Car maintenance tips, from the carbibles.com website. Basic car maintenance tips for the motoring enthusiast.

Car Maintenance Tips

Basic Car Maintenance Tips

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09/15/2014 06:31 AM
Why self-driving cars really aren't "just around the corner".
In light of the news this month that London is going to start allowing fully autonomous drone cars to be tested from 2015, I thought it was worth rehashing some of the finer points of why these cars are not "just around the corner".
We'll concentrate on one particular car here - the Google self-driving car - simply because they're further along than anyone else.
The biggest single issue facing drone cars is really simple : they don't have quantum artificial intelligence. They can't deal with unpredictable situations, so they rely on meticulously collected information from (human-driven) scanner cars that analyze the route ahead of time. Think Google Street View, but a thousand times more detailed, mapped with cameras that photograph every sign, and laser scanners (LIDAR) that maps every bump and crevasse. So every time you see a video of a self-driving google car, you need to understand that thousands of intricate preparations have been made beforehand, with the car's exact route extensively mapped. Data from multiple passes by a special sensor vehicle must later be pored over, meter by meter, by both computers and humans. And because a laughably tiny number of roads in the U.S. have been analysed at this level to allow autonomous car use, essentially if you take a google car off-campus, it's a very expensive paperweight.
Tied to the unpredictability part of that are three other factors - weather, construction, and humans. Drone cars are currently so stupid that they can't even drive in rain, let alone ice or snow. Google have so much trouble with rain in particular that they haven't even reached the testing stage yet. The reason is simple : to a human, rain makes things look wet. To a computer synthetic vision system, they might as well be driving on Mars.
Remember I said how much work goes into mapping a road for a Google car to drive on? Go and park a utility truck in the inside lane and put some cones out. Voila. One incapacitated self-driving car. Because the truck and cones weren't there when the road was mapped, the car can't handle it. The same goes for potholes and open manhole covers - the car will just drive straight over (or into) them. Some changes can be handled, obviously. Google's cars look for things like stop signs - even in unexpected places - and react accordingly. At least that's the theory. They also look for pedestrians and other traffic all the time, so missing one stop sign shouldn't be a problem right?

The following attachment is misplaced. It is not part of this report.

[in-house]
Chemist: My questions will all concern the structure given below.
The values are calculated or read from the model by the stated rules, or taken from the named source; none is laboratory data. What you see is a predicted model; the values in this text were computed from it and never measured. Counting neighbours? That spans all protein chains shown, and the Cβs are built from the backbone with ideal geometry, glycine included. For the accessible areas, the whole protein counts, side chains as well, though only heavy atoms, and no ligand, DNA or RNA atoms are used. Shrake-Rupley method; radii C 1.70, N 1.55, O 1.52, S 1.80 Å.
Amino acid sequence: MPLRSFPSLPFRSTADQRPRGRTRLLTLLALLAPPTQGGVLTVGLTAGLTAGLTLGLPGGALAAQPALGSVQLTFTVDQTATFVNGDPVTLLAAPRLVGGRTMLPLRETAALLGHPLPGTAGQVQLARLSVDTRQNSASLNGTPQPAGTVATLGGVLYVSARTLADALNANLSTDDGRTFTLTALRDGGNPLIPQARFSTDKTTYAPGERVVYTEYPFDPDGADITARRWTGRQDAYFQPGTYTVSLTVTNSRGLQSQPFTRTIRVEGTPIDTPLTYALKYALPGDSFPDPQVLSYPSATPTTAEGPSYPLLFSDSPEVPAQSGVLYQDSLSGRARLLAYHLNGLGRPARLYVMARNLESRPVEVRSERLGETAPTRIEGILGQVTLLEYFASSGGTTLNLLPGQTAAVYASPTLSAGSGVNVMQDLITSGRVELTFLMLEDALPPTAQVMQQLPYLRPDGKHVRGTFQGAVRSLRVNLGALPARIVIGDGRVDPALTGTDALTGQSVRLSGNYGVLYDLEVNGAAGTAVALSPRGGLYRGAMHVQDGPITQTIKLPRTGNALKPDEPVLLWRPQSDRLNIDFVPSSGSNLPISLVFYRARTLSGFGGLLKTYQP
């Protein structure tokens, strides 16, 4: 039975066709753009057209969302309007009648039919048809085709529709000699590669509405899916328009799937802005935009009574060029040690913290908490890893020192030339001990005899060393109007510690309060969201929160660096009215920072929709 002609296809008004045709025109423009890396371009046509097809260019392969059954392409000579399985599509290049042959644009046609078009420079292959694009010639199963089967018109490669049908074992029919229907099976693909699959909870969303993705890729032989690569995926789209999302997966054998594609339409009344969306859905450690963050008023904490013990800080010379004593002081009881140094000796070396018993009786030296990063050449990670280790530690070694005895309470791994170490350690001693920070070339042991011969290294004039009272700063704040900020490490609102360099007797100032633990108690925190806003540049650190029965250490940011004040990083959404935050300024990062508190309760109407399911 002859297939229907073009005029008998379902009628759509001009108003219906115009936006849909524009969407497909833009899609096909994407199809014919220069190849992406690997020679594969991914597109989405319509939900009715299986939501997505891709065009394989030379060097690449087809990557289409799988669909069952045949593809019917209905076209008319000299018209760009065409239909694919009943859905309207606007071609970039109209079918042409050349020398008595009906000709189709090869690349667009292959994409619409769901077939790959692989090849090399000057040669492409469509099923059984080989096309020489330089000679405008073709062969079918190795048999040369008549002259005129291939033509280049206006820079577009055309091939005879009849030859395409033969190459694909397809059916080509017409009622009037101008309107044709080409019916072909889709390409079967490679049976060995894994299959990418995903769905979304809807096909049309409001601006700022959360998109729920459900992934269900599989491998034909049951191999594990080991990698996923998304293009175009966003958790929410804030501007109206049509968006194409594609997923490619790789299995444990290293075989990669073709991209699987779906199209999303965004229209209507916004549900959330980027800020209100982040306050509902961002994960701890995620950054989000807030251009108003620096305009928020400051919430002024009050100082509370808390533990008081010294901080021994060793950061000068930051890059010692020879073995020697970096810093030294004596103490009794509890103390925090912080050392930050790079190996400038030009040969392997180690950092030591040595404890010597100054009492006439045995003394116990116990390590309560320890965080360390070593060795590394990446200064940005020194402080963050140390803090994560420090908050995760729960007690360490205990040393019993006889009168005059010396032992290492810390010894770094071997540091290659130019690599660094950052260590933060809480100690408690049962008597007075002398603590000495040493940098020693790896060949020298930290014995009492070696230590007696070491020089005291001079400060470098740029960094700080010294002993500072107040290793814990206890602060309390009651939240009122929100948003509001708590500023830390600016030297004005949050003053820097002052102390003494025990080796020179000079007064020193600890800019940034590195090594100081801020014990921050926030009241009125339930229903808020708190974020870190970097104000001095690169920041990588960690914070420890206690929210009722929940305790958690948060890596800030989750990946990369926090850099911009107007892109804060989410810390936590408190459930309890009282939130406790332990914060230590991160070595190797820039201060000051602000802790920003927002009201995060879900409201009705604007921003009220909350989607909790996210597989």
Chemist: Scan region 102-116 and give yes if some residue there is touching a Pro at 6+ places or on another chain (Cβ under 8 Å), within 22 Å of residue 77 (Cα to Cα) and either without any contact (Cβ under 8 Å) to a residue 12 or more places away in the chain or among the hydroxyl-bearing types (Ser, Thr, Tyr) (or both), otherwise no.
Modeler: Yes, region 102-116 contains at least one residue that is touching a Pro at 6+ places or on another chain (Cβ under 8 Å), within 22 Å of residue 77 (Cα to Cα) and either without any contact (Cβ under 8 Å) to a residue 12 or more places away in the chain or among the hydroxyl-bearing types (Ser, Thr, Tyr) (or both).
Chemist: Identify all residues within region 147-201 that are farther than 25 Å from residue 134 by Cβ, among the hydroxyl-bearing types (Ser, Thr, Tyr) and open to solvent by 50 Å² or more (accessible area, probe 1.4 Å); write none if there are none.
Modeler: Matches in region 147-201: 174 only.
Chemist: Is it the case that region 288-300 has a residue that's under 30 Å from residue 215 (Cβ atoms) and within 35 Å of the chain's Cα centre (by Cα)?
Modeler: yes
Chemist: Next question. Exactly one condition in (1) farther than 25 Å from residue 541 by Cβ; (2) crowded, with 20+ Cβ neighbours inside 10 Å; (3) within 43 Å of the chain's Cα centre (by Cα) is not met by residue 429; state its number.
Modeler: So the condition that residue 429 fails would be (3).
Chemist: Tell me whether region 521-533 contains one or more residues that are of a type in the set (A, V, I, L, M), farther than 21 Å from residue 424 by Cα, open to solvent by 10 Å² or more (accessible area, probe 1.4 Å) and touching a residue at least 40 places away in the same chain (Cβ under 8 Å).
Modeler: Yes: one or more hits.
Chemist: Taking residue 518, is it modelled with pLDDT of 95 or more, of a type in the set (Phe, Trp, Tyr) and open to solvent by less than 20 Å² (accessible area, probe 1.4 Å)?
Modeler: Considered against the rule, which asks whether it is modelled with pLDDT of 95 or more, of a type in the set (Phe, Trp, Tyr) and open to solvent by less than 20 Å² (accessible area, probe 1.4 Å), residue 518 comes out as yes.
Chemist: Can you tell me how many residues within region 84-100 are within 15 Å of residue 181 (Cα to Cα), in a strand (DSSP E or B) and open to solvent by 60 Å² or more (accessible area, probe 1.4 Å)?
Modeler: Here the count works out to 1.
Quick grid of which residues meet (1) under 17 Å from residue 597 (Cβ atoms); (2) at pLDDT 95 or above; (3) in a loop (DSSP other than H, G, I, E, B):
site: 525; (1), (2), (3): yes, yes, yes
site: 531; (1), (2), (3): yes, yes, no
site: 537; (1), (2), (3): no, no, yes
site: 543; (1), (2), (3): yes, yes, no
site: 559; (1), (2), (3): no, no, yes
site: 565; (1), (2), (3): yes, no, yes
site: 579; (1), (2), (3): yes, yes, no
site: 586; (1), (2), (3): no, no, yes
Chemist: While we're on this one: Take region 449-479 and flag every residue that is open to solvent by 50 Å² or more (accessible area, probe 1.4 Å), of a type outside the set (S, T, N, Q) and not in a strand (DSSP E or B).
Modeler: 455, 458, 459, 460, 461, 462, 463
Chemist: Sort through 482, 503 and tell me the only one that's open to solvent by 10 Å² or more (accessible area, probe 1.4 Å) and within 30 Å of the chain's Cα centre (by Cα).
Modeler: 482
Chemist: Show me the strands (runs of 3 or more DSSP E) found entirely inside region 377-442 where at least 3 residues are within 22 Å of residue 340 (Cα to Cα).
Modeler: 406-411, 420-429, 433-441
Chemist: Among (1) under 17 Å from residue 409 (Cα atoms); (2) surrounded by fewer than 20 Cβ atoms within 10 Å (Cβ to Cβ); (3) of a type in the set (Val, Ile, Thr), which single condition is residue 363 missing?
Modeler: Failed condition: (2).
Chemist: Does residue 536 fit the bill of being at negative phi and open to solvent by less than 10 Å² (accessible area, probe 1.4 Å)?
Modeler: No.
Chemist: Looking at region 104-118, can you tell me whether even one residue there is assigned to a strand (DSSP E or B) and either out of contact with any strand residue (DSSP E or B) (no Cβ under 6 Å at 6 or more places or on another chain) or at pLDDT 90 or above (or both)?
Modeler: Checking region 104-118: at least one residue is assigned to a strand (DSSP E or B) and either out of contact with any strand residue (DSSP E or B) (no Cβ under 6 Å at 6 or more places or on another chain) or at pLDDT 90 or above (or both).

If we welcome pesky humans into the equation, things change radically. As Google says, "Pedestrians are detected simply as moving, column-shaped blurs of pixels, meaning that the car wouldn't be able to spot a police officer at the side of the road frantically waving for traffic to stop". Similarly it has trouble with pedestrians who don't use crosswalks (ie. all of them) and people standing in the road where they shouldn't be.
So whilst headline-grabbing mayors and confused mainstream newspaper editors may have everyone believing they'll be able to go out and buy a self-driving drone this Christmas, it simply isn't the case and won't be for probably another 10 years.

Throughout the rest of this website you'll find in-depth articles describing in intricate detail how everything automotive works. On this page, I've simplified all that knowledge into a series of basic car maintenance tips, subdivided by category. These tips apply to pretty much every car owner, from business fleet owners, to specialists like a limo service, to the weekend hobbyist. Basic car maintenance really isn't that hard. Some tips have simple explanations right here whilst others link back to the articles in the rest of the site. If you can't find what you're looking for, try the search button at the end of the top menu. If you still can't find what you're looking for, or have a suggestion for something else I should cover, contact me using the contact button on the top menu bar.

If you take driving seriously, car maintenance is important for making sure your vehicle performs to its full potential. No car accessory or part is made to last forever, and there is a number of reasons why some parts break or simply wear out. It is great having a one-stop shop for quality replacements for your vehicle. CARiD.com is such a place. You can find everything from headlights to spark plugs to satisfy your specific requirements. So, every time you need a replacement part for your iron friend, remember that they all are a couple of mouse clicks from you.

TSBs and wiring diagrams

If you're looking for TSB (Technical Service Bulletins) or wiring diagrams for your vehicle, BBB industries have access to most of them for free. (Almost any decent car shop will have access to this sort of information - as the owner, you should too). BBB's search page is well worth a look. Major recalls normally result in owners being contacted, but minor ones get done each time a vehicle is taken to a main network dealer. TSBs are the bulletins sent to the dealer networks containing info on known bugs and issues with all makes and models that need to be rectified when the vehicles come in. If you're looking for a particular TSB or wiring diagram for your vehicle; TSBs and wiring diagrams.

Wheels and tyres

Rotate your tyres!

check your tyre pressure